SPECTACULAR fireball flies across Spain at 61,000 kilometres per hour
Star gazers in Spain had a rare treat on Friday night, April 16 as a stunning fireball was clearly visible for almost a minute over much of the country when a rock from an asteroid entered the Earth’s atmosphere at an impressive 61,000 kilometres per hour. According to the Astrohita Foundation, while most spectacles of this kind are extinguished immediately or at least within a few seconds, this fireball remained alight for nearly sixty seconds.
The SMART Project is responsible for running the Network of Bodies and Meteors of Southwest Europe, which closely monitors events of this kind, and the phenomenon was reported at the La Hita Astronomical Complex in Toledo, as well as in Almeria, Granada, Sevilla and Madrid.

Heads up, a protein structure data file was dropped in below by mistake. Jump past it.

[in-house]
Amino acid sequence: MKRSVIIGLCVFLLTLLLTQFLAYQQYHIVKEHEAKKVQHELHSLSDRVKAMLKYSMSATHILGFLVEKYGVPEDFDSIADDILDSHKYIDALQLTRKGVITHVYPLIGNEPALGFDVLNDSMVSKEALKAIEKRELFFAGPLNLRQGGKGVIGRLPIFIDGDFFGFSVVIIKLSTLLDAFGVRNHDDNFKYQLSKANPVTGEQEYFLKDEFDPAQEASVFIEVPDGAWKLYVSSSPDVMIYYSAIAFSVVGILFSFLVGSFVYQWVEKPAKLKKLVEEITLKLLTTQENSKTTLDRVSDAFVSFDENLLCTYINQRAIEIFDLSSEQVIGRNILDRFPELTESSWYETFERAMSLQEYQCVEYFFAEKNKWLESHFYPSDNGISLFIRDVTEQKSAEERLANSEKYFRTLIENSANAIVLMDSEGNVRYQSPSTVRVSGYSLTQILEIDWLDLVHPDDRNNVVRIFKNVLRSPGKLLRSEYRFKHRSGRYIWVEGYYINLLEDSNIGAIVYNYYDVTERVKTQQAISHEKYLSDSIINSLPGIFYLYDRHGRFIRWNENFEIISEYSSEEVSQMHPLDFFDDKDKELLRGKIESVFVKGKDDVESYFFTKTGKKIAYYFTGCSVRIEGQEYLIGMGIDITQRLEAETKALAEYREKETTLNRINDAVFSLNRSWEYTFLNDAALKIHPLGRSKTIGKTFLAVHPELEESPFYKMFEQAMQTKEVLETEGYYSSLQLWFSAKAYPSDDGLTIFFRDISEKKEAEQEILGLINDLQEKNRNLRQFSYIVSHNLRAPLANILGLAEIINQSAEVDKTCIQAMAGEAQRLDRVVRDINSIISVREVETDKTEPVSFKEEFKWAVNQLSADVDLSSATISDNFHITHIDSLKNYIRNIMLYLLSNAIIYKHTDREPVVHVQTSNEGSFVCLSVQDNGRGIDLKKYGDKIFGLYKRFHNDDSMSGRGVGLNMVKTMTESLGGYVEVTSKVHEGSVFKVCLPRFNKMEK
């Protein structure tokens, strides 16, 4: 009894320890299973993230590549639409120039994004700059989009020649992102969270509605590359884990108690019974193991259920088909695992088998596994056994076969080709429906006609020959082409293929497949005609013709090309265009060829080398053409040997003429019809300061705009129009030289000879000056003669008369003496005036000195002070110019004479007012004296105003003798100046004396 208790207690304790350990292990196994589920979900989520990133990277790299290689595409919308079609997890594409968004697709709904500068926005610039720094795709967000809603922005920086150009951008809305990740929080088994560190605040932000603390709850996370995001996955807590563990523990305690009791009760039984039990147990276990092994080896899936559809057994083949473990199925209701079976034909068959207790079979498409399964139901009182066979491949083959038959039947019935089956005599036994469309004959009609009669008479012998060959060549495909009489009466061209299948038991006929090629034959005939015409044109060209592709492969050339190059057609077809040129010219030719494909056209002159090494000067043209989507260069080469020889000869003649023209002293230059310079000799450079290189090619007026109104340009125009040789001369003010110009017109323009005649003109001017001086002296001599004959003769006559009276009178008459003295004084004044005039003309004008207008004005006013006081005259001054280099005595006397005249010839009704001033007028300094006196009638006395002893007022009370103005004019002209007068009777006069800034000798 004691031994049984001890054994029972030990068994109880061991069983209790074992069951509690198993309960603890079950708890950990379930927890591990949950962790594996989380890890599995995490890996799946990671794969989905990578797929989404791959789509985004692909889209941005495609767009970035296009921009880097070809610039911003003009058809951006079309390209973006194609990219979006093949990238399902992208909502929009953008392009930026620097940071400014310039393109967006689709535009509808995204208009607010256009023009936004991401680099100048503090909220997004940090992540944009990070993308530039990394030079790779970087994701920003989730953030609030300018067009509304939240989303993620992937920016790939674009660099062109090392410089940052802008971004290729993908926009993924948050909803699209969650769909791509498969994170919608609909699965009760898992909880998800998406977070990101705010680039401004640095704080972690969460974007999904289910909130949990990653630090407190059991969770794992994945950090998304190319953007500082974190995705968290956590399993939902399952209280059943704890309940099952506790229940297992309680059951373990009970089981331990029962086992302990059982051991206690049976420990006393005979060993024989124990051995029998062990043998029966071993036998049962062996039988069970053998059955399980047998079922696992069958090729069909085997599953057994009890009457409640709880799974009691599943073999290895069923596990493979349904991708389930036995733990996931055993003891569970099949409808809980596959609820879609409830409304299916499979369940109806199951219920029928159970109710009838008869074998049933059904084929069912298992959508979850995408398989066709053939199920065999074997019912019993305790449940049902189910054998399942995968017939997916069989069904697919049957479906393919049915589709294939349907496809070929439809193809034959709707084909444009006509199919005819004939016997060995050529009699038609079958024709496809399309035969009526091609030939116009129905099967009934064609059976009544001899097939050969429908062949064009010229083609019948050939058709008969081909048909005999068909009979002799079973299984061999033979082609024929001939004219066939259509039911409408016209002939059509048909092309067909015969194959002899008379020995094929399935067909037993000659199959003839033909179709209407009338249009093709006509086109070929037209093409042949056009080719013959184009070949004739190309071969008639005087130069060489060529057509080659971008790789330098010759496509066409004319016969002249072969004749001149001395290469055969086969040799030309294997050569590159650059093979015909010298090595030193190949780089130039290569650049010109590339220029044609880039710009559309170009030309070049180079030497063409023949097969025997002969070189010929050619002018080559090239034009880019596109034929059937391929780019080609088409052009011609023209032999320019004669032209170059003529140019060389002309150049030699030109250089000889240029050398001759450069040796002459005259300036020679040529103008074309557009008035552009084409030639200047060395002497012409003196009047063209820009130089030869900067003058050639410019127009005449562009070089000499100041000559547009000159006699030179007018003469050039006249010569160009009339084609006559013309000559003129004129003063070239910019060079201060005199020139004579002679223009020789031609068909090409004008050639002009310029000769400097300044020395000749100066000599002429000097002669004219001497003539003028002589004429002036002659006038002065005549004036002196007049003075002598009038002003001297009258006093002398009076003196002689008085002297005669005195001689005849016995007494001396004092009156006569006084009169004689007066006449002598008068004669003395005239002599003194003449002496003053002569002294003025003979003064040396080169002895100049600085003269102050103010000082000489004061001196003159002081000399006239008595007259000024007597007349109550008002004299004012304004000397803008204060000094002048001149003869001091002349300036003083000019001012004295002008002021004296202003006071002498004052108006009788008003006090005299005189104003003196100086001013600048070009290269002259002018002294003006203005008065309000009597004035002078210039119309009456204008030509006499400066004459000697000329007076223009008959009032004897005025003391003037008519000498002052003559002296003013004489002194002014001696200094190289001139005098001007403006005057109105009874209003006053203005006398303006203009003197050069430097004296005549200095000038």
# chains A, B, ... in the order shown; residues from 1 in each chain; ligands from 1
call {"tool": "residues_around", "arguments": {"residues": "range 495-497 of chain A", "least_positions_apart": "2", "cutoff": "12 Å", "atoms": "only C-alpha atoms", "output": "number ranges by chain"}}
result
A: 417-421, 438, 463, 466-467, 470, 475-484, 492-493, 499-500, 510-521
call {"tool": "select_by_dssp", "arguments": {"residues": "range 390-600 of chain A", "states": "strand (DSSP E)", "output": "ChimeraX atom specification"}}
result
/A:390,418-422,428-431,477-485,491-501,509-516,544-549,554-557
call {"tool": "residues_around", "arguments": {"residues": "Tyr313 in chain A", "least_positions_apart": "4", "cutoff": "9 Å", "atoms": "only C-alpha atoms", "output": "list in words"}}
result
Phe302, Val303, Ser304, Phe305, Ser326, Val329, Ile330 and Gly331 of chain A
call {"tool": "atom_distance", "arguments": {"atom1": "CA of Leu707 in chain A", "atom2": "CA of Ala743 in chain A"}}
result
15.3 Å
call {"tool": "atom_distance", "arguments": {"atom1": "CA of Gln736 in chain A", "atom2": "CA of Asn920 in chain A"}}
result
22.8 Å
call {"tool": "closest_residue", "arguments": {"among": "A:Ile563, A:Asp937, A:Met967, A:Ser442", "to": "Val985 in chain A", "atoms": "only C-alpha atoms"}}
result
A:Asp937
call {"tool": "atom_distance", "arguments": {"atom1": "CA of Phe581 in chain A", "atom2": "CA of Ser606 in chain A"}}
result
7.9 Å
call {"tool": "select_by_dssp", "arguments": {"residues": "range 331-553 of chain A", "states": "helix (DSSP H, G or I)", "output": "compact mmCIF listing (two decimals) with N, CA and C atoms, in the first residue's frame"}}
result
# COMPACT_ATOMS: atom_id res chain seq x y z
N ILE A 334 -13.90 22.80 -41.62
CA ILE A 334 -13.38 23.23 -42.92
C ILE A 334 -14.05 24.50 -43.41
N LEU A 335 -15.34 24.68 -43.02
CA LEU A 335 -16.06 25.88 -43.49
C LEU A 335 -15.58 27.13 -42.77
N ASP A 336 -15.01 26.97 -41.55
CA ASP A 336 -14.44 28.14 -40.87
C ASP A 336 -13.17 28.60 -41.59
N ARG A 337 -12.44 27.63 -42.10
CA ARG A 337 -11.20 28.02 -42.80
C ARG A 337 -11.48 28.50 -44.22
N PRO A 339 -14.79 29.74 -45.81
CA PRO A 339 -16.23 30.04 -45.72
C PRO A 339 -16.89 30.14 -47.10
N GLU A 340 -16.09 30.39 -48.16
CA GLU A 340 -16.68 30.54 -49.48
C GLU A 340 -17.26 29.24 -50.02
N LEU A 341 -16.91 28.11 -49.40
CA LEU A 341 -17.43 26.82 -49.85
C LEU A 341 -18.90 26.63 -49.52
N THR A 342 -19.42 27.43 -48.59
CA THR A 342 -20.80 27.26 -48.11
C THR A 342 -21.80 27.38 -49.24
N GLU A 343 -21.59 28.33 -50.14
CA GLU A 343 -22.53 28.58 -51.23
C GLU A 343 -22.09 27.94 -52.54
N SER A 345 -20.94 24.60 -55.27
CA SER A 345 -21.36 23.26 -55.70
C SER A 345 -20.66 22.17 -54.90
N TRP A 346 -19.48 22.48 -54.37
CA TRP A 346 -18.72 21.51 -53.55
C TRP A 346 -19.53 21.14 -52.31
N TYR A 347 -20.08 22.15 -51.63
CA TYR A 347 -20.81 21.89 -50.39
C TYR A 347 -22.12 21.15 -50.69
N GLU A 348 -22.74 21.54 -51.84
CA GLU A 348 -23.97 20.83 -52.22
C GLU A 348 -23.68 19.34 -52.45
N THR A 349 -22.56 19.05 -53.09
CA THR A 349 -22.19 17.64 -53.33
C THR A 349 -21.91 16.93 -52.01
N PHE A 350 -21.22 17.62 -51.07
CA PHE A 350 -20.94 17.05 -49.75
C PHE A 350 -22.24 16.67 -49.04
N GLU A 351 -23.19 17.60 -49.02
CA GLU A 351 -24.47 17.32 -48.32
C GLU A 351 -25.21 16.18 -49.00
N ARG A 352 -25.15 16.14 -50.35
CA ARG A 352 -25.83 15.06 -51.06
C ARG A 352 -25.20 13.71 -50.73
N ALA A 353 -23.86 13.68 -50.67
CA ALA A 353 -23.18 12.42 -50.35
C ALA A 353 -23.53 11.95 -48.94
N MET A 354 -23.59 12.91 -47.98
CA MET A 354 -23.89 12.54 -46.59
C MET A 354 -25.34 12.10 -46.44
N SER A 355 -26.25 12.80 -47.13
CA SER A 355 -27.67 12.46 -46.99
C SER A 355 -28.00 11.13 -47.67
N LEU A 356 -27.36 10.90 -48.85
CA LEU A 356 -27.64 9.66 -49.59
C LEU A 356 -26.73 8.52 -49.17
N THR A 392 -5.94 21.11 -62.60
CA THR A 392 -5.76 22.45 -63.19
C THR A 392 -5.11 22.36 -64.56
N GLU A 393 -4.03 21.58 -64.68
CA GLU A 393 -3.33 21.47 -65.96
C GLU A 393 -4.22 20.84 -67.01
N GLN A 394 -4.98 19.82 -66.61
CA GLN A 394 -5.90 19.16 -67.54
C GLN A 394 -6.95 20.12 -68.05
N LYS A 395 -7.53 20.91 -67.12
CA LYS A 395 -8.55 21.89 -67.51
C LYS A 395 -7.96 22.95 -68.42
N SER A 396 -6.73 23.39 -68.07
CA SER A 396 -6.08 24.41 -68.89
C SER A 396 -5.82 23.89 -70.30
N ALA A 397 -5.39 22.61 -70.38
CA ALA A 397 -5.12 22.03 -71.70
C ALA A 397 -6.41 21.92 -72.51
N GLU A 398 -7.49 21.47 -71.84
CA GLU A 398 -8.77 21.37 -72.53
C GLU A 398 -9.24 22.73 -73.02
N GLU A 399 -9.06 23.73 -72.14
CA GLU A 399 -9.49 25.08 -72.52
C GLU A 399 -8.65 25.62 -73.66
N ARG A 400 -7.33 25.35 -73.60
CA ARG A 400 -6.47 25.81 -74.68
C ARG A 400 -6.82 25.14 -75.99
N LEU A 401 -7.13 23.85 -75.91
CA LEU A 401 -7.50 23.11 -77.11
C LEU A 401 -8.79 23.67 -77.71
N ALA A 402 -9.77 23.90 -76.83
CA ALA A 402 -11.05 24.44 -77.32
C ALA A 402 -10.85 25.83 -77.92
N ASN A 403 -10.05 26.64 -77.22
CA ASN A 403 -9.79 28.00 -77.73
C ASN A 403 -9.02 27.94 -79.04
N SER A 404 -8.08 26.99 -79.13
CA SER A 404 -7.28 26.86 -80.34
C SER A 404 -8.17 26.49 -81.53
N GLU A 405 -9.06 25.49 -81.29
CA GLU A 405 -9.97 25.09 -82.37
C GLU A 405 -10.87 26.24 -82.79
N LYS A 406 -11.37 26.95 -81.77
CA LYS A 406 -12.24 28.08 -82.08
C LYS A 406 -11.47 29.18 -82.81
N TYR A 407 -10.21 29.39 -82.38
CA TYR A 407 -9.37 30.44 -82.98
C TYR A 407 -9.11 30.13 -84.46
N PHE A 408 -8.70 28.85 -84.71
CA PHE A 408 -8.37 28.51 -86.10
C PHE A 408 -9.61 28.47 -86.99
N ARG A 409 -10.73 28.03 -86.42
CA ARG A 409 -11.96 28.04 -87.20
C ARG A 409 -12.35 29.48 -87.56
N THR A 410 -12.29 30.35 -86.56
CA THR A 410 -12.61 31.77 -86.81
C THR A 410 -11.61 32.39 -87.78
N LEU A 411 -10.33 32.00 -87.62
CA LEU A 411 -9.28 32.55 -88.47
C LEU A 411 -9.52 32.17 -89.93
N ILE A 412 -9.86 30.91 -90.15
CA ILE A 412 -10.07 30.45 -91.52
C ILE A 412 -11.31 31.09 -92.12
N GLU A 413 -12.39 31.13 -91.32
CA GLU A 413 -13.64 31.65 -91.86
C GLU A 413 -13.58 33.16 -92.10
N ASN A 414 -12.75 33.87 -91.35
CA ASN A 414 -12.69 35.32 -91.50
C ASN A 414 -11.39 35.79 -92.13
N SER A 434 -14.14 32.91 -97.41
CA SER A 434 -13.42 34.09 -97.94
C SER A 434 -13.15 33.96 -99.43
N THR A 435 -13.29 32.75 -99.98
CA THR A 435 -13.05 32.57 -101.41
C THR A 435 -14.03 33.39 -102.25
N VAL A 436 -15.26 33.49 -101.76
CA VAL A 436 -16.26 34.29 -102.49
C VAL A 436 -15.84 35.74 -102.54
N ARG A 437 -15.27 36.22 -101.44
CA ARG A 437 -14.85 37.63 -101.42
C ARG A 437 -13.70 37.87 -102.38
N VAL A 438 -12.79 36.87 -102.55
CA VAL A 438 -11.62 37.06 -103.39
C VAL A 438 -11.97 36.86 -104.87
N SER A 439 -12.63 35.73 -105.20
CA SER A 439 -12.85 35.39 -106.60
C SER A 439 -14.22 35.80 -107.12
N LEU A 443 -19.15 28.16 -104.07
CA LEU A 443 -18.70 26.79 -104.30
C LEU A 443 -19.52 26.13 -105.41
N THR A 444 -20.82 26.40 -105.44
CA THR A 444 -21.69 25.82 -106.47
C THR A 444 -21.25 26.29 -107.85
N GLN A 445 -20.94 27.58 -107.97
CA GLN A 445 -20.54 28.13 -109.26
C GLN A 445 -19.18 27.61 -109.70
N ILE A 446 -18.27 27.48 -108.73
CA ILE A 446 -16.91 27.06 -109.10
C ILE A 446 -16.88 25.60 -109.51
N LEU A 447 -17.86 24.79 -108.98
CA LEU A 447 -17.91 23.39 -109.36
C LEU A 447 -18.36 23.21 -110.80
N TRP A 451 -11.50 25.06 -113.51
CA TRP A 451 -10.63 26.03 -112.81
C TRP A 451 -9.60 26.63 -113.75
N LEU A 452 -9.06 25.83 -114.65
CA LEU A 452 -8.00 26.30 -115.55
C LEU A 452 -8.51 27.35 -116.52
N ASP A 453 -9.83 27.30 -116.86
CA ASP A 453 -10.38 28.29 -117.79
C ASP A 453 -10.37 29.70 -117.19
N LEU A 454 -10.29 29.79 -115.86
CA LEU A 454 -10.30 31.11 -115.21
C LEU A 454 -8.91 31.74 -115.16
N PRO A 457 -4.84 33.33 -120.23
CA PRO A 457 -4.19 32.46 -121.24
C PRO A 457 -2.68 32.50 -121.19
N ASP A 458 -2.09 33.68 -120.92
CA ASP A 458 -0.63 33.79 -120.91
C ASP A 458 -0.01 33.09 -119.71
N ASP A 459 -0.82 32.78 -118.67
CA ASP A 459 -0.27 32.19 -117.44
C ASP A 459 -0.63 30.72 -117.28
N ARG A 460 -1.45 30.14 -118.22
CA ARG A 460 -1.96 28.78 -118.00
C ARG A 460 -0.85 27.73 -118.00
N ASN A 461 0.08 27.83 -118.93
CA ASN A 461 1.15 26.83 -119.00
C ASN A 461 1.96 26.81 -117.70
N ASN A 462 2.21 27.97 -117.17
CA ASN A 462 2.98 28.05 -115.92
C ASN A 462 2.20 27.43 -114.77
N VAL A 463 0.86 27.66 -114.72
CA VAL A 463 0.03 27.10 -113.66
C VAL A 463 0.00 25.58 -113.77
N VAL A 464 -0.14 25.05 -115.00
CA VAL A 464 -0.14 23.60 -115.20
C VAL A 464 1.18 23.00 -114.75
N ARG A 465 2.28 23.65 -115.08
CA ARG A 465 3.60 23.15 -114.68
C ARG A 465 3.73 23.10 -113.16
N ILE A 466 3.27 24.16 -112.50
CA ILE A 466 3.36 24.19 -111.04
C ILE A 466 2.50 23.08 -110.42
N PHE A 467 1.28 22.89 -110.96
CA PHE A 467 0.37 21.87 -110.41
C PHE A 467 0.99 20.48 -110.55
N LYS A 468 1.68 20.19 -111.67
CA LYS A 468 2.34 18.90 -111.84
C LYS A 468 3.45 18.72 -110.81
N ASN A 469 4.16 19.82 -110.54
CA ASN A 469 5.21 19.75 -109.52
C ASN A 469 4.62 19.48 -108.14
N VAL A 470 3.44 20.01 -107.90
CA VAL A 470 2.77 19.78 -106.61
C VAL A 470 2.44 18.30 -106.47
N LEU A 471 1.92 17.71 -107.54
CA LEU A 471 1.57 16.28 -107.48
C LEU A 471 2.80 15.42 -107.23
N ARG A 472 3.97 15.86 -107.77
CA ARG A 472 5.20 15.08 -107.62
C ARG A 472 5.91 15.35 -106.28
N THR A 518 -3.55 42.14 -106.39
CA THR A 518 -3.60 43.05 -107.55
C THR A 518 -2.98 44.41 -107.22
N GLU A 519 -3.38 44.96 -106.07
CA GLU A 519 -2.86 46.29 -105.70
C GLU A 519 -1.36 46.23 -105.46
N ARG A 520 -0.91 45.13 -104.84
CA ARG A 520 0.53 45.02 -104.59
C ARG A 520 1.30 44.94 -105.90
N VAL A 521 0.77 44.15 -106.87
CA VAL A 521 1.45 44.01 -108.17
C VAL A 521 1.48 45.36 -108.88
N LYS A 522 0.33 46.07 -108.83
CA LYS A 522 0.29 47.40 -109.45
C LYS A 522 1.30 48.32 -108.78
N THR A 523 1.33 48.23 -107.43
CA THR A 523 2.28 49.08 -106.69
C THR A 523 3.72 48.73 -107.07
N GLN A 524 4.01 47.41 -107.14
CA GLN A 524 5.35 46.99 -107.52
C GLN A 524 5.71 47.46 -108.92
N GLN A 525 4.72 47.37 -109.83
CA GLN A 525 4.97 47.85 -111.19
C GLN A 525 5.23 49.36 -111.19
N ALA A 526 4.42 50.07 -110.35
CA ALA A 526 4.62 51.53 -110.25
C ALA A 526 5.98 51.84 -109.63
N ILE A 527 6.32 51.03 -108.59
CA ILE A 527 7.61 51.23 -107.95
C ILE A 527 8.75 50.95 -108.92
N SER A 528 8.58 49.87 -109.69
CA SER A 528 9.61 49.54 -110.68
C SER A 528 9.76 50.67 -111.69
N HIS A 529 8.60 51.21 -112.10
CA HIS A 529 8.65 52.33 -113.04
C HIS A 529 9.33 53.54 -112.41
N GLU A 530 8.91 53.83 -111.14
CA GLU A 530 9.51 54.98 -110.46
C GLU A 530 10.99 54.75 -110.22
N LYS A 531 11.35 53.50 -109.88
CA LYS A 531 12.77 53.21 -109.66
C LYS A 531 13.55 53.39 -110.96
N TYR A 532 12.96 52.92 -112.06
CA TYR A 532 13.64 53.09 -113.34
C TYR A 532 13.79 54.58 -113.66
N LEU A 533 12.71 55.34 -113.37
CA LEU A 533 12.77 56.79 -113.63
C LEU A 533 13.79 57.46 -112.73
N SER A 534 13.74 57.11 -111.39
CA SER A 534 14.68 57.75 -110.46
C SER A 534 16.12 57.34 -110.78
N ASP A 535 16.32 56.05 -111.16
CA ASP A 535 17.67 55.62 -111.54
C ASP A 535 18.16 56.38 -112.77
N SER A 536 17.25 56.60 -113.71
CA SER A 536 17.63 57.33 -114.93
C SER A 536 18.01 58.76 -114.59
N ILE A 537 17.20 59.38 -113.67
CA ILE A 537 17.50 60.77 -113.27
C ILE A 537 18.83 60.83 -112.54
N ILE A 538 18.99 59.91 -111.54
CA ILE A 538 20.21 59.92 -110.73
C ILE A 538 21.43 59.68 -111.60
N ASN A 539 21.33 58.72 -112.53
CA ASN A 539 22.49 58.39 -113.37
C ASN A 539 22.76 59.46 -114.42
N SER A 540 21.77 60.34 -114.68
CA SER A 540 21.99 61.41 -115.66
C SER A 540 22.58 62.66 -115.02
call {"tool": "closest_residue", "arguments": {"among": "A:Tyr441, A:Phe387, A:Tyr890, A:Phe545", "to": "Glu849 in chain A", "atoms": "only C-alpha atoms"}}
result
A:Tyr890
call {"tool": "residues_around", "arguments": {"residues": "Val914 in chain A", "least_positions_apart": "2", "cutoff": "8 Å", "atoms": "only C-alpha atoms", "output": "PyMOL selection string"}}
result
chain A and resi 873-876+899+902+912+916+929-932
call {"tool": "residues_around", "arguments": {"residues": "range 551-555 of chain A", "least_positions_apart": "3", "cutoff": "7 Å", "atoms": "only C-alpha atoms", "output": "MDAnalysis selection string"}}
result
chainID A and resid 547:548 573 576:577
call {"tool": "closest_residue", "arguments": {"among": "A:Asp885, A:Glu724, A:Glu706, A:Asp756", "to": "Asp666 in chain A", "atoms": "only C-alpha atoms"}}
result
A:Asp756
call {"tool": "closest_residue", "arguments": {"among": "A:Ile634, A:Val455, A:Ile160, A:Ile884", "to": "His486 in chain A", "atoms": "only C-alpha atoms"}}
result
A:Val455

The SMART Project monitors and analyses the impact of asteroids against the Earth’s atmosphere, and astrophysicist Jose Maria Madiedo concluded that this space rock was what is known as a ‘grazing fireball’ – a rare type of asteroid that doesn’t actually strike the Earth but rather only ‘grazes’ the atmosphere before heading back out to space.
According to PhysOrg:
“Such meteors are known as grazing fireballs because they only graze the Earth’s atmosphere rather than plunge through it. This is possible due to the angle at which it approaches. Like a rock that skips off the surface of a lake rather than plunging in, a meteoroid can skip off the atmosphere if its angle is very small.”
The rarity that appeared over Spain became visible some 85 kilometres above the province of Lugo in north-western part of the country, and gradually lost altitude. From there, it travelled in a south-easterly direction toward Madrid, where is began to gain altitude again and head towards the southwest of Spain. After almost a minute, the fireball’s light winked out about 87 kilometres above the Mediterranean Sea off the cost of Almeria, before it left the Earth’s atmosphere.